Linux – Mount partition from a raw disk image : dd and mount

In this post, I will share how you can mount a raw disk image such as an image generated with dd. Raw disk image or RAW Image Format is a bit-for-bit copy of disk data, without any metadata information on files. In Linux, dd is a popular tool for data transfer by duplicating entire disk for instance. Let us create a disk image of a mount with an EXT3 file system –

[root@kauai src]# dd if=/dev/sdb of=disk.img 

7233761+0 records in
7233760+0 records out
3703685120 bytes (3.7 GB) copied, 236.166 s, 15.7 MB/s

[root@kauai src]# ls -alh disk.img 
-rw-r--r--. 1 root root 3.5G Jan 15 18:44 disk.img

We have copied a mount with multiple files into a single disk.img file which we can copy to another system. Now let us examine the raw disk layout, that we can use to mount as a file system –

[root@kauai src]# fdisk -lu disk.img 
You must set cylinders.
You can do this from the extra functions menu.

Disk disk.img: 0 MB, 0 bytes
124 heads, 62 sectors/track, 0 cylinders, total 0 sectors
Units = sectors of 1 * 512 = 512 bytes
Sector size (logical/physical): 512 bytes / 512 bytes
I/O size (minimum/optimal): 512 bytes / 512 bytes
Disk identifier: 0xdebbbd93

   Device Boot      Start         End      Blocks   Id  System
disk.img          630416      945623      157604   83  Linux

As we can see the raw disk has 512 byte size sectors and it starts at offset 630416, given this information we can use mount command to mount the disk image –

[root@kauai src]# mount -o loop,offset=$((630416*512)) disk.img /mnt/hdisk/
[root@kauai src]# ls -al /mnt/hdisk/
total 37
drwxr-xr-x. 3 root root  1024 Jan 15 18:39 .
drwxr-xr-x. 4 root root  4096 Nov 17 20:04 ..
-rw-r--r--. 1 root root    15 Jan 15 18:39 file21
-rw-r--r--. 1 root root    15 Jan 15 18:39 file22
-rw-r--r--. 1 root root    15 Jan 15 18:39 file23
-rw-r--r--. 1 root root    15 Jan 15 18:39 file24
-rw-r--r--. 1 root root    15 Jan 15 18:39 file25
-rw-r--r--. 1 root root    15 Jan 15 18:39 file26
-rw-r--r--. 1 root root    15 Jan 15 18:39 file27
-rw-r--r--. 1 root root    15 Jan 15 18:39 file28
-rw-r--r--. 1 root root    15 Jan 15 18:39 file29
-rw-r--r--. 1 root root    15 Jan 15 18:39 file30
drwx------. 2 root root 12288 Jan 15 18:37 lost+found

[root@kauai src]# cat /mnt/hdisk/file26 
File number 26

Here we were able to mount the disk image and be able to read the content of one of the text files.

References –

https://en.wikipedia.org/wiki/Dd_(Unix)

https://linux.die.net/man/8/mount

How to copy to a clipboard in Linux

Problem statement – You have a file with hundreds or thousands of lines and you want to copy the contents of this file and paste it to an external application, for instance to a browser.

Solution – The first attempt is to try to cat the file and scroll down with your mouse to select each line. This is time consuming or in some cases might not work if there are too many lines as some of the lines will ‘scroll out of the terminal’. One way of getting around this is to use “xclip” – a command line interface to X selections (clipboard).

In my case I wanted to copy the contents of ‘/tmp/ipaddresses.txt’ file to a browser for blogging. The file had 10000 lines. I used the following commands, first to install xclip and then to copy the file contents to a clipboard –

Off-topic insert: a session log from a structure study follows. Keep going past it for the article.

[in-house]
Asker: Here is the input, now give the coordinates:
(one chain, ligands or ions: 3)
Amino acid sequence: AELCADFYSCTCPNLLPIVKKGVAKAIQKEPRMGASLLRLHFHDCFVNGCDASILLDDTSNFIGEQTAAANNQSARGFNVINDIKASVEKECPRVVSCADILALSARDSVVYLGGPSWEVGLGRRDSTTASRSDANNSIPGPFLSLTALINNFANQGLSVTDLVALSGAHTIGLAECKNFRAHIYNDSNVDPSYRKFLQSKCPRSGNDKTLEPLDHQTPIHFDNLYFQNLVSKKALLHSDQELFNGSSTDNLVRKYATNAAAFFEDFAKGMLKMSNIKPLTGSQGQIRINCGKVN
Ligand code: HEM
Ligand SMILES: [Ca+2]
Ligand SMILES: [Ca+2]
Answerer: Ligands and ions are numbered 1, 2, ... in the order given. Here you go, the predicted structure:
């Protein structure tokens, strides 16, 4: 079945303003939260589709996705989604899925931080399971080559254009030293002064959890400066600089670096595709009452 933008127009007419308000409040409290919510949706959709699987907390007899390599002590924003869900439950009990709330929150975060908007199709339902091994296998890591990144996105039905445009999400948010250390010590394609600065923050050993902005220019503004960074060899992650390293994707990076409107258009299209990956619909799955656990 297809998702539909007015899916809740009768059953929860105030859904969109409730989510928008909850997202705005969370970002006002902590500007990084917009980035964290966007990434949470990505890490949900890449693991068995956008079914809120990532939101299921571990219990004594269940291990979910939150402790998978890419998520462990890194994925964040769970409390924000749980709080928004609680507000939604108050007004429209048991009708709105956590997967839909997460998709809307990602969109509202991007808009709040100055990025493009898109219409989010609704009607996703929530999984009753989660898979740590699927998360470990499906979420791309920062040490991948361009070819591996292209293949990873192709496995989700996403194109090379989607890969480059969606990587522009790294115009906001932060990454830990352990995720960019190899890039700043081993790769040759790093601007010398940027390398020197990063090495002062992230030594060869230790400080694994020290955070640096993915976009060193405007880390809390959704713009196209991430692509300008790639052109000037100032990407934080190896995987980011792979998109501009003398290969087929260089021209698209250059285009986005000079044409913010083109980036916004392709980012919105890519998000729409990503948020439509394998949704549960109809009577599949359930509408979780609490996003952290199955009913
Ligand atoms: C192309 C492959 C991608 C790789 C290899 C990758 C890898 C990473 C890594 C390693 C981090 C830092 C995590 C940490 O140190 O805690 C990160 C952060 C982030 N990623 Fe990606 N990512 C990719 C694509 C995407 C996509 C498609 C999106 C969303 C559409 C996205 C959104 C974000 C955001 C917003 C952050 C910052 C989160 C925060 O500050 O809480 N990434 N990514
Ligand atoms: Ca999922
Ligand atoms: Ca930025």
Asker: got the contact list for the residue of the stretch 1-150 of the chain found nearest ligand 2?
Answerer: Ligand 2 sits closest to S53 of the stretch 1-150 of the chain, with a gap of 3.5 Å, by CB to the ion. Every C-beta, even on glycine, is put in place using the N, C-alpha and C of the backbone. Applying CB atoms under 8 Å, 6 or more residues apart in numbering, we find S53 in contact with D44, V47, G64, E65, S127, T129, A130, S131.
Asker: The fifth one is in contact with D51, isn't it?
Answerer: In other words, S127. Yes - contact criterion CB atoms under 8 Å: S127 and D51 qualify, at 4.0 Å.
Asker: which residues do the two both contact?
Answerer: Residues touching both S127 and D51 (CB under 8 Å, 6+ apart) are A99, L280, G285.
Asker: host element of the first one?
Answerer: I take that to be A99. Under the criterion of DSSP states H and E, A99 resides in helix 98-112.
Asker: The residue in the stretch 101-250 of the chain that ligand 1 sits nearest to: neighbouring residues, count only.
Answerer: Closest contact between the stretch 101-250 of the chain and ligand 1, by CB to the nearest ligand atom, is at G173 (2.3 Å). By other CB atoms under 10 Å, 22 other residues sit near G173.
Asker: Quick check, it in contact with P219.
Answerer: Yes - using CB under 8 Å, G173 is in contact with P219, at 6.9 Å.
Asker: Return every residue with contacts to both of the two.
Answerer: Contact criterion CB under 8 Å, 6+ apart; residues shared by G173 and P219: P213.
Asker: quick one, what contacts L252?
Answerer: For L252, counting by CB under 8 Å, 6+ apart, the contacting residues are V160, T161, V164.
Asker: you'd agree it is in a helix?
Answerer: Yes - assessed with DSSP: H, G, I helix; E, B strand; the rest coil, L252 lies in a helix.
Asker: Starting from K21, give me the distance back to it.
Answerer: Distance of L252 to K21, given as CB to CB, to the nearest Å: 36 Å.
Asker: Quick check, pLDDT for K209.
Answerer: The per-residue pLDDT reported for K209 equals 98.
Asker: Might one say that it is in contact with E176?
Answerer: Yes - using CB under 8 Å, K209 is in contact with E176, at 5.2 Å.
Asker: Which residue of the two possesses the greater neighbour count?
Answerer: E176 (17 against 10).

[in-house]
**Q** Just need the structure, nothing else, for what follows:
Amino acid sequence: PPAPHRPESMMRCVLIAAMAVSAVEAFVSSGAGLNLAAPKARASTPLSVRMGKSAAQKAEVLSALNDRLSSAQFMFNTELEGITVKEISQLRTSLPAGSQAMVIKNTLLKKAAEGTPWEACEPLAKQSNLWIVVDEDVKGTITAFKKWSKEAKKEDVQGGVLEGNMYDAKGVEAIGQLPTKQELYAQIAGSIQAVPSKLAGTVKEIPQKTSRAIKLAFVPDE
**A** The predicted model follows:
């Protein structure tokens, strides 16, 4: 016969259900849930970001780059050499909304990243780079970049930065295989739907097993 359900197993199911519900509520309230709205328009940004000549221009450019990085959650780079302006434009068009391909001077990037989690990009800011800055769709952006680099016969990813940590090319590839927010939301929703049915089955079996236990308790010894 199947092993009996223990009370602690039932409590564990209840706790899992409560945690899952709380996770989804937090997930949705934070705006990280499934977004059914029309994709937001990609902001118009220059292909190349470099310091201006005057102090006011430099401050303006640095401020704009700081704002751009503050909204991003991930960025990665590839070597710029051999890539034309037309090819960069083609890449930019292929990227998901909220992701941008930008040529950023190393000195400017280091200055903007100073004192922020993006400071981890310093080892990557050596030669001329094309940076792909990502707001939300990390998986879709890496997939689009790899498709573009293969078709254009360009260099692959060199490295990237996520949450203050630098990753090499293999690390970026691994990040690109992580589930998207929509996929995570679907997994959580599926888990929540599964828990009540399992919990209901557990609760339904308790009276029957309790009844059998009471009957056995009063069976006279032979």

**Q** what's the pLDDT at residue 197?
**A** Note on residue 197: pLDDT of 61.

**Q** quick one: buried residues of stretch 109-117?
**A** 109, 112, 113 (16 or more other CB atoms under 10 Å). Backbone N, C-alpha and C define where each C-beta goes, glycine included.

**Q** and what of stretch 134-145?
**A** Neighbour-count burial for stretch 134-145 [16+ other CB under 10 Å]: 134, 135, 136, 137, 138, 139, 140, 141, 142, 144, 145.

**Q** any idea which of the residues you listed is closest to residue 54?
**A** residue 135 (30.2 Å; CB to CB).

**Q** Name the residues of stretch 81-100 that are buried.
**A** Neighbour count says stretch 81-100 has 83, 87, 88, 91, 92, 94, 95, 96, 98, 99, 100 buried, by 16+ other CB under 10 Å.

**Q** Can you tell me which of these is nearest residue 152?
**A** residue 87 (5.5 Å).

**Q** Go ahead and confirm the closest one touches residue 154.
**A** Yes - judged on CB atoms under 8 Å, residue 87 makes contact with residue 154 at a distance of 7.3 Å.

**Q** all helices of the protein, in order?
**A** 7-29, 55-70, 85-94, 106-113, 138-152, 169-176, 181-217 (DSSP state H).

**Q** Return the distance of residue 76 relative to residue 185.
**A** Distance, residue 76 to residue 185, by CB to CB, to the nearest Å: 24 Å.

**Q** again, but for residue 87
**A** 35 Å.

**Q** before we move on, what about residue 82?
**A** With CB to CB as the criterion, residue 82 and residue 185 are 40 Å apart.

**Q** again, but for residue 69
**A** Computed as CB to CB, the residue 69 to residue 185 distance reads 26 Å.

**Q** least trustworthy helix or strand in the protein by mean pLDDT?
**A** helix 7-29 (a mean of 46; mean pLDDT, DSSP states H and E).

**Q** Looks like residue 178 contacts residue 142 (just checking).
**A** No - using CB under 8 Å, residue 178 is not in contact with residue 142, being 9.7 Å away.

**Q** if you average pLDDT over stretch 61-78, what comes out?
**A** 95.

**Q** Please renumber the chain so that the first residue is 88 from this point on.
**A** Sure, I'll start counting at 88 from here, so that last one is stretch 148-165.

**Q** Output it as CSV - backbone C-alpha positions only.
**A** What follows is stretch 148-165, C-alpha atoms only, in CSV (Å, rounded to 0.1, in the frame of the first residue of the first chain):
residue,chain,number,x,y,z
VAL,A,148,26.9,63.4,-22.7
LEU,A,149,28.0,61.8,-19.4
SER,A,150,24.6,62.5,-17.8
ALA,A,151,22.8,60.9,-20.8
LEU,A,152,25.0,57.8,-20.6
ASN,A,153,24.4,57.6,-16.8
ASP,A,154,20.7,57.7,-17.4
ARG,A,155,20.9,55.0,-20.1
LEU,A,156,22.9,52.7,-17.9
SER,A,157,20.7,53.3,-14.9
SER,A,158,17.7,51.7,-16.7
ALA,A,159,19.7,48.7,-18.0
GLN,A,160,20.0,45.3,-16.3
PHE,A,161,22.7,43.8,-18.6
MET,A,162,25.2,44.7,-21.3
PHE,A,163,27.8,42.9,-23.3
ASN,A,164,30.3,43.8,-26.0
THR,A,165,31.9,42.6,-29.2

apt-get -y install xclip
xclip -sel cli < /tmp/ipaddresses.txt

The xclip command basically does a selection (-sel) from the file into the clipboard(-cli), where you can copy paste to any other external application.

References
https://linux.die.net/man/1/xclip

https://stackoverflow.com/questions/5130968/how-can-i-copy-the-output-of-a-command-directly-into-my-clipboard

A project to track all active financial blogs.

No question there are too many personal finance, early retirement, deb etc. related blogs out there. It is very difficult to keep track of all these blogs. Luckily there is a project by Rockstar Finance not only keeps track of these blogs but also updates the list on a daily basis. Here is the link to the personal finance blog directory.

Looking at the list the categories of these blogs is very diverse, as of today it includes these –

    Budgeting
    Debt
    Early Retirement
    Family
    Frugality
    General Finance
    Investing
    Lifestyle
    Making Money
    Military
    Millennial
    Minimalism
    Real Estate
    Traditional Retirement

The directory also allows you to easily filter the list by –

    Category
    Age
    Sex
    Race
    City/State/Country
    profession

I found this directory quite useful in filtering out the relevant blogs that I am interested in based on the category. If you manage a personal finance blog, you can also submit your blog to the directory admins so that they can post it there.

How to fake or spoof x-forwarded-for header

The x-forwarded-for header is a way of identifying the IP address of the original client when a web server is sitting behind a proxy or load-balancer. The load-balancer does get the actual client IP as it directly sets up the TCP session with the load-balancer. But the x-forwarded-for address might contain a list of comma separated IP addresses in addition to the immediate client IP. It is these extra IPs that we can spoof and the procedure is similar to modifying any HTTP header such as user agent.

import requests
headers={'X-Forwarded-For':'1.1.1.1'}
r = requests.get('http://web.home.net/index.html', headers=headers)
if r.ok:
    print('Success.')

How the log likes like on an nginx access log –